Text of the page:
Reducing Social Rents Will Cost Councils £2.6 Bn and Reduce House Building By Nearly 34,000

Proposals to reduce rents paid by tenants in social housing in England by 1 per cent a year will cost councils £2.6 billion by 2019/20, new analysis reveals today.

The measure, as part of the Welfare and Work Bill, would see the rent reduction come into force from 2016 and last for four years. The cost to councils will rise from £234 million in year one, to £508 million in year two, £795 million in year three, and over £1 billion by 2019/20. By that point the annual funding gap will represent 60 per cent of local government’s total housing maintenance budget. Over the four years the total £2.6 billion will be equivalent to the cost of building almost 19,000 new homes.

Cllr Keith House, LGA Lib Dem Housing Spokesperson, said: “Liberal Democrats support moves to keep rents low but this move would hold back councils from helping government build more homes, boost growth and employment and reduce the welfare bill.

“Because around 70 per cent of council tenants receive Housing Benefit, any rent decrease will not impact them directly. Instead it will be reflected in the Department of Work and Pensions’ budget, while local councils will have to cope with the additional financial burden.”

Lib Dems are calling for the flexibility and powers to manage their own housing stock to meet the needs of local communities and employers over the long-term, as was intended by government in the 2012 housing reforms.

Keith House added:

“Many councils have already agreed long-term housing investment plans based on the future rent levels announced in March’s Budget. It is right that rents are kept as low as possible, but our analysis shows reducing rents in this way over the next four years will cost councils £2.6 billion by the end of the decade and lead to a further funding gap of £1 billion per year from 2020/21 onwards.

“There are millions of people on social housing waiting lists and councils want to get on with the job of building the new homes that people in their areas desperately need, which is the best way to reduce the Housing Benefit bill and boost growth. And Housing Associations will also be hit hard, estimating they would build 14,000 fewer affordable homes.

“It is therefore vital that these costs are considered by the Government as part of the wider debate of council funding to avoid the capacity of councils and housing associations to invest in this much-needed housing being put at risk. For instance councils should be able to keep all the receipts from the sales of their own housing stock.”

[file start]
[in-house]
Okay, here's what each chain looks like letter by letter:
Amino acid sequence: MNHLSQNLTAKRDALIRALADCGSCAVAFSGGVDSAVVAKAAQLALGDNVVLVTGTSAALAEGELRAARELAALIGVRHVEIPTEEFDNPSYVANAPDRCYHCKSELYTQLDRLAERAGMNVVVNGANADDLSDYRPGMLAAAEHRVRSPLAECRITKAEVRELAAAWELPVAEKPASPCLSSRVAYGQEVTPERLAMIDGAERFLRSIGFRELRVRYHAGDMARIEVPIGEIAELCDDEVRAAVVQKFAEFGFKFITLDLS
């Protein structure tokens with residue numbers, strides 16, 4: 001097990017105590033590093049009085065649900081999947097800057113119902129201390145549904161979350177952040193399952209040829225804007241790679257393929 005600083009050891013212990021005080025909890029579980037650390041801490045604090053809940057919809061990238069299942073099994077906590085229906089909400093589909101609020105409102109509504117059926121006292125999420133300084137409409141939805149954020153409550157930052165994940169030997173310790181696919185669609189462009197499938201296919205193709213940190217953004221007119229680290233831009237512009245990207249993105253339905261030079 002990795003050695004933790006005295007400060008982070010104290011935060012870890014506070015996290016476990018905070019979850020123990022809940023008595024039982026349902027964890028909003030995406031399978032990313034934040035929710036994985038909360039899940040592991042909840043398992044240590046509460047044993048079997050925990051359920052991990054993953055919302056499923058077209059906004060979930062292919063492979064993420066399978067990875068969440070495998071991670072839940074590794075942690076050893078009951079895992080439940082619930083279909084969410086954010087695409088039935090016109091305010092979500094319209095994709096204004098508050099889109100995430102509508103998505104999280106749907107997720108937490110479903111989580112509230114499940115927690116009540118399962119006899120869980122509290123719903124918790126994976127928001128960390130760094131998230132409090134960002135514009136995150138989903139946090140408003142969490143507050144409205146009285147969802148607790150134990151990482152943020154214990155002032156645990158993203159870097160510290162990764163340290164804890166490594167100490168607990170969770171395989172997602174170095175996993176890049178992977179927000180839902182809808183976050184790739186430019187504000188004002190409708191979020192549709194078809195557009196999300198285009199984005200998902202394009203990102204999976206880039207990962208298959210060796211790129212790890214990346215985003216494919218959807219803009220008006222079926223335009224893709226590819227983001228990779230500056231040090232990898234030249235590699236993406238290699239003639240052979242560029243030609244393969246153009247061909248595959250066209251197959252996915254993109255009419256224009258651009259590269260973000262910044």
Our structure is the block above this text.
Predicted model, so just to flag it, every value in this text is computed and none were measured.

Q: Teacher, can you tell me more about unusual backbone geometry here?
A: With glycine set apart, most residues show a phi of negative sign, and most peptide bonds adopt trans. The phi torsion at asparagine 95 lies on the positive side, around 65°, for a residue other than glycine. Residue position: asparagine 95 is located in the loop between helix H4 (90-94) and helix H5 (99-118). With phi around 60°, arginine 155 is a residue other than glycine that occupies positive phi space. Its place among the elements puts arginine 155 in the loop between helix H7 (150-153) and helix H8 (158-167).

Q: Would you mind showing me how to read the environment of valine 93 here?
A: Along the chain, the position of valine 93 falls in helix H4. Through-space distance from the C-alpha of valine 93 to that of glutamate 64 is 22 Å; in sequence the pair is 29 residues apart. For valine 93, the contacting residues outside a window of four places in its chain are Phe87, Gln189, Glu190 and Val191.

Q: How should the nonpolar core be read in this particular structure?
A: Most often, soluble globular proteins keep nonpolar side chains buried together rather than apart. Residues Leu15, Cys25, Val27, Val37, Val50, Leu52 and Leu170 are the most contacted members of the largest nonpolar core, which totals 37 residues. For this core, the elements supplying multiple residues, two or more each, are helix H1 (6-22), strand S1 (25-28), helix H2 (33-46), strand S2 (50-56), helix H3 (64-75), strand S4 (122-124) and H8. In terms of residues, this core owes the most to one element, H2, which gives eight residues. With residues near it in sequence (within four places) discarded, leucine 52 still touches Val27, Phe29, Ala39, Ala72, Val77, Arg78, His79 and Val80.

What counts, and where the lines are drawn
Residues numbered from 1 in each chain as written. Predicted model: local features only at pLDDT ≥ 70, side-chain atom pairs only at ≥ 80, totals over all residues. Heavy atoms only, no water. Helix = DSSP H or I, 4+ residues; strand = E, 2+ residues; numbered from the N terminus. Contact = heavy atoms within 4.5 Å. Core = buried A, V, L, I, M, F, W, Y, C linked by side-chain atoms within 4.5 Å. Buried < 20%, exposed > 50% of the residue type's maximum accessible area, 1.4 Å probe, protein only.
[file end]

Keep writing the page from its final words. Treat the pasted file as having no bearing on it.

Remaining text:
The Local Government Association has called on government to let councils take a lead role in housebuilding by lifting housing borrowing limits to allow councils to invest in new housing, giving councils the freedom to set Right to Buy discounts, and to retain 100 per cent of all council home sale receipts locally.

NOTES

  • Based on an average cost for a new build council home of £140,000, £2.6 billion would equate to 18,790 homes. 
  • A gap of around £1 billion per year would develop once the lower rent base of Consumer Price Index (CPI) plus 1 per cent is reintroduced in 2020/21.
  • The impact year on year for the next four years is outlined below:
£000s£000s£000s£000s£000s
15/1616/1717/1818/1919/20
Old policy7,310,4427,471,2727,672,9967,887,8408,116,587
New policy7,310,4427,237,3387,164,9647,093,3157,022,381
Gap0233,934508,032794,5251,094,206

 


Comments
David Payne says

Will this 5-year reduction in social housing rents apply to housing association shared-equity schemes, where most tenants normally pay commercial lenders a mortgage payment for a private "freehold" ownership share while also paying the housing association rent for the "leasehold" rent applicable to the publicly-owned h.a. share of the property?

I need to know this as chairman of a 60-strong residents association which has trouble eliciting any reliable information from our shambolic housing association landlord.

Darrel Phomphithak says

Your Housing Benefit could be reduced if you live in council or social housing and have a spare bedroom. Your eligible rent is £100 per week.

Freddy Tews says

Rooms used by students and members of the armed or reserve forces will not be counted as ‘spare’ if they’re away and intend to return home. Housing Benefit for tenants who rent privately.

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